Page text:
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  1. #1
    Senior Member JohnDoe2's Avatar
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    PARADISE (San Diego)

    Trucker arrested in Juarez headed back to US

    Trucker arrested in Juarez headed back to US

    By Lourdes Cárdenas \ El Paso
    Posted: 11/23/2012 08:58:15 AM MST

    After seven months in a Mexican prison, a U.S. truck driver arrested after driving an 18-wheeler loaded with ammunition into Juárez is expected to cross into the U.S. today, Mexican authorities said Thursday.

    Jabin Akeem Bogan, 27, who was arrested by Mexican authorities April 17, was to leave an immigration detention center in Veracruz early today and then travel to Juárez.
    "Tomorrow (Friday) he will be sent to Ciudad Juárez, and from there he will be released to U.S. authorities," said Carlos Alvarez Barroso, spokes man for the Veracruz division of the National Immigration Institute.

    Bogan has been held in an immigration detention center since Nov. 15 after being released from a federal prison in Villa Almada, Veracruz, in southern Mexico.
    The Dallas truck driver was arrested when he drove his 18-wheeler into Juárez via the Bridge of Americas carrying 268,000 rounds of ammunition -- mostly .308- and .223-caliber rounds.

    Mexican authorities argued that it was one of the largest ammunition seizures made in Juárez since the outbreak of a drug cartel war, in which more than 10,000 people have been killed in the past five years.

    Bogan was charged with possession and trafficking of ammunition, which in Mexico can carry a sentence of up to 30 years in prison. Bogan, who always insisted that he entered Juárez by mistake, was sent to a federal prison while waiting the judicial process. He has maintained that he made a wrong turn and wound up in traffic lanes going into Juárez.

    In August, a Mexican appeals judge threw out the trafficking charge, but Bogan was convicted of the lesser charge of possession of ammunition, which immediately opened the possibility of a supervised release with bond.

    "This is a very positive advance for the judicial process," said El Paso lawyer Carlos Spector, who represents Bogan. "The judge's decision is a demonstration of independence by the judicial power in Mexico."

    In a recent interview, Carlos Miguel García Treviño, a federal judge in Juárez, said the sentence for Bogan included a bond of 20,000 pesos (about $1,500) plus three years of supervised release. However, it is not clear yet how his release will be supervised.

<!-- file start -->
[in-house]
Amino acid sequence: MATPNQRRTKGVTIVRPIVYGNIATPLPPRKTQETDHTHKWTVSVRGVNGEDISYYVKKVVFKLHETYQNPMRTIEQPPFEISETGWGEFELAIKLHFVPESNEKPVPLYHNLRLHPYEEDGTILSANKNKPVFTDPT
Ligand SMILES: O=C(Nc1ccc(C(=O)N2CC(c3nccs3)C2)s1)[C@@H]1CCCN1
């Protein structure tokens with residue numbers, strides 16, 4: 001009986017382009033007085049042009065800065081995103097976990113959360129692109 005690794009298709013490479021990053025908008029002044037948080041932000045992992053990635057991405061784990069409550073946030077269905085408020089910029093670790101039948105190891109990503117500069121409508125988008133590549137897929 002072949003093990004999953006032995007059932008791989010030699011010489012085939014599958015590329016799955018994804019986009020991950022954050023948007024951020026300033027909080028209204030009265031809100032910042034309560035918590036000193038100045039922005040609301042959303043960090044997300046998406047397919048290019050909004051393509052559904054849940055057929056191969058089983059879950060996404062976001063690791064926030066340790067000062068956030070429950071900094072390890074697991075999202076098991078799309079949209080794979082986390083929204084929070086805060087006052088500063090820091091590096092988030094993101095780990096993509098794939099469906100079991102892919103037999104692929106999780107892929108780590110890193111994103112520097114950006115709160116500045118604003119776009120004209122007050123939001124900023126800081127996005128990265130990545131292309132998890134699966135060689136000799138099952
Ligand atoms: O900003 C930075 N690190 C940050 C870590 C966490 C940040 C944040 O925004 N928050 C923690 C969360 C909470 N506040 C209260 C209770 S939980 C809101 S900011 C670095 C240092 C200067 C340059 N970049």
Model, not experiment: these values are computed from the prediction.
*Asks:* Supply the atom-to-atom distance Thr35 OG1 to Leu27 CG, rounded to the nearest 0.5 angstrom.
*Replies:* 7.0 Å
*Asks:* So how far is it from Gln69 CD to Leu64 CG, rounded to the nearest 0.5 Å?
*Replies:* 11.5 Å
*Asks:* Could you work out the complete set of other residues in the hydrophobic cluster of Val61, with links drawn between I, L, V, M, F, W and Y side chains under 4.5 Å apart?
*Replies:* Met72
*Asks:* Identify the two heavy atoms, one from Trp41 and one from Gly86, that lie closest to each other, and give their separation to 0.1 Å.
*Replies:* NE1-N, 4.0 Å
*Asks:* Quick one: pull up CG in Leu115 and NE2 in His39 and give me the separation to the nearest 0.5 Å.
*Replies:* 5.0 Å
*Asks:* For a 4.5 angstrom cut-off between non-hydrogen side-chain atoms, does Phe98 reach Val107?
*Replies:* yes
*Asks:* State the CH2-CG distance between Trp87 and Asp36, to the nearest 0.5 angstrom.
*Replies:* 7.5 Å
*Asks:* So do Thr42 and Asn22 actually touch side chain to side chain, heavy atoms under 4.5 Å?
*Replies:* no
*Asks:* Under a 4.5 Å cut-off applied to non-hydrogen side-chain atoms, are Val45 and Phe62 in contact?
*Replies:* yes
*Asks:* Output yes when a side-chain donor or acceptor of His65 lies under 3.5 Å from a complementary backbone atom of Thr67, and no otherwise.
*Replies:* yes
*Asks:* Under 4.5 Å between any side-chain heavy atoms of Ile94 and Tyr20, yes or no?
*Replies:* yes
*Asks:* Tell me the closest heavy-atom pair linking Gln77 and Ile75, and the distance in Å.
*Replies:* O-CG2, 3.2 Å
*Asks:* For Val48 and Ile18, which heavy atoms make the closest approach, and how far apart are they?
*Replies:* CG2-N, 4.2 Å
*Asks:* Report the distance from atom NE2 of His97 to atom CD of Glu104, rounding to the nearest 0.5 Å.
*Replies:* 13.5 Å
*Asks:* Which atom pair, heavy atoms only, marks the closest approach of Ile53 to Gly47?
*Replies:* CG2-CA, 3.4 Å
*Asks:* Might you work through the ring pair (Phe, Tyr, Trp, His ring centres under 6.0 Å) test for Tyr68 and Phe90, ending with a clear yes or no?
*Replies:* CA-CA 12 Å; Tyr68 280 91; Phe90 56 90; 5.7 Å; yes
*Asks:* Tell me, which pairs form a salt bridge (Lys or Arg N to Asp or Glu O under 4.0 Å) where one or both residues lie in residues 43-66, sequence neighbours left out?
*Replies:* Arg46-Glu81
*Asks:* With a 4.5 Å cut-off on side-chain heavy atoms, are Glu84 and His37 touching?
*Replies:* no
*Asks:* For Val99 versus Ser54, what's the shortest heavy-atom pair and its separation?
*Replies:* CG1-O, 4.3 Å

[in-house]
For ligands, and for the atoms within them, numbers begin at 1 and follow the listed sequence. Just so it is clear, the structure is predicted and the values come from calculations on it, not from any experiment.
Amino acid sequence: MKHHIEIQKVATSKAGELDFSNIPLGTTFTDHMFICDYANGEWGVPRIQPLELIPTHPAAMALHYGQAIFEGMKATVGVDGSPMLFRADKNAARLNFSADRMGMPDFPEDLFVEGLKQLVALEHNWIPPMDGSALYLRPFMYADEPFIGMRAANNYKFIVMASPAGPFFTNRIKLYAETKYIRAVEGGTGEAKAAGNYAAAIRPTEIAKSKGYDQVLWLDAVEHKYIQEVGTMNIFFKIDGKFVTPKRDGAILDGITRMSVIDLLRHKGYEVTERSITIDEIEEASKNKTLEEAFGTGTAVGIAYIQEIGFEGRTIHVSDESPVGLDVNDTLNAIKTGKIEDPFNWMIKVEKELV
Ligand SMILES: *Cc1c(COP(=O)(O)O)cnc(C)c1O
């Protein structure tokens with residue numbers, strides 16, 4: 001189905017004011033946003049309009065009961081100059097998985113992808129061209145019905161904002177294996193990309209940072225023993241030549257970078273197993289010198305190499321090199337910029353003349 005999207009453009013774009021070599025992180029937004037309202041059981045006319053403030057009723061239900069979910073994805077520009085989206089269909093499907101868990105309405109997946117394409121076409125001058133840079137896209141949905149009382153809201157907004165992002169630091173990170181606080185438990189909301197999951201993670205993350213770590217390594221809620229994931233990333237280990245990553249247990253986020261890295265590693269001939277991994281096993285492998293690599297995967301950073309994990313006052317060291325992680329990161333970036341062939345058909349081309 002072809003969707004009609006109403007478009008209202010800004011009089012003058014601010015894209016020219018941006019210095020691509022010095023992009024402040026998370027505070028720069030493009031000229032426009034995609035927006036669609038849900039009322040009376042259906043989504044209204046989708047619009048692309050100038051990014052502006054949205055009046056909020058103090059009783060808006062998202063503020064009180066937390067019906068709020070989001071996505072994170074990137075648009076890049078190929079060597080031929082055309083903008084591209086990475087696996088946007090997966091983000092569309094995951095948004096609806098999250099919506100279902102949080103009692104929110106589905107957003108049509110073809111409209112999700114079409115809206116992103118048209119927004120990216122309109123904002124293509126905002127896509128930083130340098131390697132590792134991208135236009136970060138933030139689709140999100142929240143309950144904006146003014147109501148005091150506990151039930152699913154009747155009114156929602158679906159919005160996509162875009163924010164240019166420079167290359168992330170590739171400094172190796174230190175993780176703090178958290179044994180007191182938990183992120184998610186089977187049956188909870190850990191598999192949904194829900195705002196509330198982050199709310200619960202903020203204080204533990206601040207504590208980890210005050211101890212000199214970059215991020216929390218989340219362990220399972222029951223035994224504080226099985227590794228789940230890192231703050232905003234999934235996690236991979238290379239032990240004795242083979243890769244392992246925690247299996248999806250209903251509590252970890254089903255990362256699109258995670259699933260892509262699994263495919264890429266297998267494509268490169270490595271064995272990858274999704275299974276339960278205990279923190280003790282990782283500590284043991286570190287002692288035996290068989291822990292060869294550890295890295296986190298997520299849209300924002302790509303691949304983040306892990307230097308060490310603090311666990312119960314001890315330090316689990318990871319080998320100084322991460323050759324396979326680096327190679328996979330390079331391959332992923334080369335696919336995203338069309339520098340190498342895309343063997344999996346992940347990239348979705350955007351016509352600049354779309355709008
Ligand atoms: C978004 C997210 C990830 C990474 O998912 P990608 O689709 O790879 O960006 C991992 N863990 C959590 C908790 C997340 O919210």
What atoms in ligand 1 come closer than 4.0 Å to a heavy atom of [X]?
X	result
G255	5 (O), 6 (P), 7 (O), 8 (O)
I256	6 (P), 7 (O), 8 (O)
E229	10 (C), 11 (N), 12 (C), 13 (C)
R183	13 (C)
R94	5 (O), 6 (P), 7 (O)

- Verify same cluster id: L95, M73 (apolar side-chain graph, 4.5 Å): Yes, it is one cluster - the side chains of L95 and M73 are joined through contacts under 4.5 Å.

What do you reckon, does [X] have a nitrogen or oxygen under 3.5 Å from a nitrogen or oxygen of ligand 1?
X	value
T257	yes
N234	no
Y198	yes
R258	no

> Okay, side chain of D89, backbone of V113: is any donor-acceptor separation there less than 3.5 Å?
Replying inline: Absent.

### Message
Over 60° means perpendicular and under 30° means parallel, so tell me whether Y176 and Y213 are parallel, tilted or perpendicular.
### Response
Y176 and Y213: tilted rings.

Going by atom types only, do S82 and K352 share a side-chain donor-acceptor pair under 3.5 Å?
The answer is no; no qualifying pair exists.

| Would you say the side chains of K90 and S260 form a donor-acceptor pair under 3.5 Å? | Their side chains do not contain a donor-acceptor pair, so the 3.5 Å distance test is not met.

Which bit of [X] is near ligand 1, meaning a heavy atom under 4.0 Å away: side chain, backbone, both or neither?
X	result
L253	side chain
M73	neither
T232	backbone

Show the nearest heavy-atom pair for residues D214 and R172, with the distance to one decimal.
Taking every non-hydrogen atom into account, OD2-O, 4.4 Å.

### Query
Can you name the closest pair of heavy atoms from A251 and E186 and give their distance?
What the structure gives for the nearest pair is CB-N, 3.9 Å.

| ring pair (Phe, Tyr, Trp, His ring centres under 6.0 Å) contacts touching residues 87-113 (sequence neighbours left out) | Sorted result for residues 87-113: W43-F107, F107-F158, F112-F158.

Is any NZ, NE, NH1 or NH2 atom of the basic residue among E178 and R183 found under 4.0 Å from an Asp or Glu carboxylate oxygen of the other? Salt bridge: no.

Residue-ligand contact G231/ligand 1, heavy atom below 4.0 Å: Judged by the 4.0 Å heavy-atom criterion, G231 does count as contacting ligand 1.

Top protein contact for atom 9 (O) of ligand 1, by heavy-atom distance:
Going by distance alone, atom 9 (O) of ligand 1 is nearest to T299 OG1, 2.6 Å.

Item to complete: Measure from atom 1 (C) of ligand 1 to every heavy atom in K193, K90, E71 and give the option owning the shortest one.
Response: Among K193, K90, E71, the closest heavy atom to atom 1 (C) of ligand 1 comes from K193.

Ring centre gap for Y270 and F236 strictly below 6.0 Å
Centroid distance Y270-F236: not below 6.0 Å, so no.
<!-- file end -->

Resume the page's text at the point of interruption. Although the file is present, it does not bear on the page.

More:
Immediately after his release from prison, immigration authorities detained Bogan. Chihuahua immigration officials said last week that they did not know exactly why immigration officials would hold Bogan, but that it is likely he violated immigration laws when he entered Mexico with the ammunition. Officials said U.S. citizens can travel into Mexico up to 18 miles without special documentation unless there is a criminal charge.

    "In all this time, he (Bogan) has been in the immigration station in Veracruz", said çlvarez. "He will be back in the U.S. Friday."

    Spector said Thursday that he has scheduled a press conference today. He said Bogan and his family are expected to participate.

    Lourdes Cárdenas may be reached at; 546-6249.

    Don't reward the criminal actions of millions of illegal aliens by giving them citizenship.

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  2. #2
    Senior Member JohnDoe2's Avatar
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    PARADISE (San Diego)
    Tears greet jailed trucker's return to US

    By Lorena Figueroa/El Paso
    Posted: 11/23/2012 09:25:41 PM MST

    Jabin Akeem Bogan, left, gets a hug from his mother at a press conference Friday. Bogan, a U.S. truck driver, was imprisoned in Mexico after being convicted of ammunition charges in Juarez. (Victor Calzada / El Paso Times)

    A wrong turn seven months ago reshaped the life of Jabin Akeem Bogan, a U.S. truck driver who was convicted of ammunition charges in Mexico and sent to prison.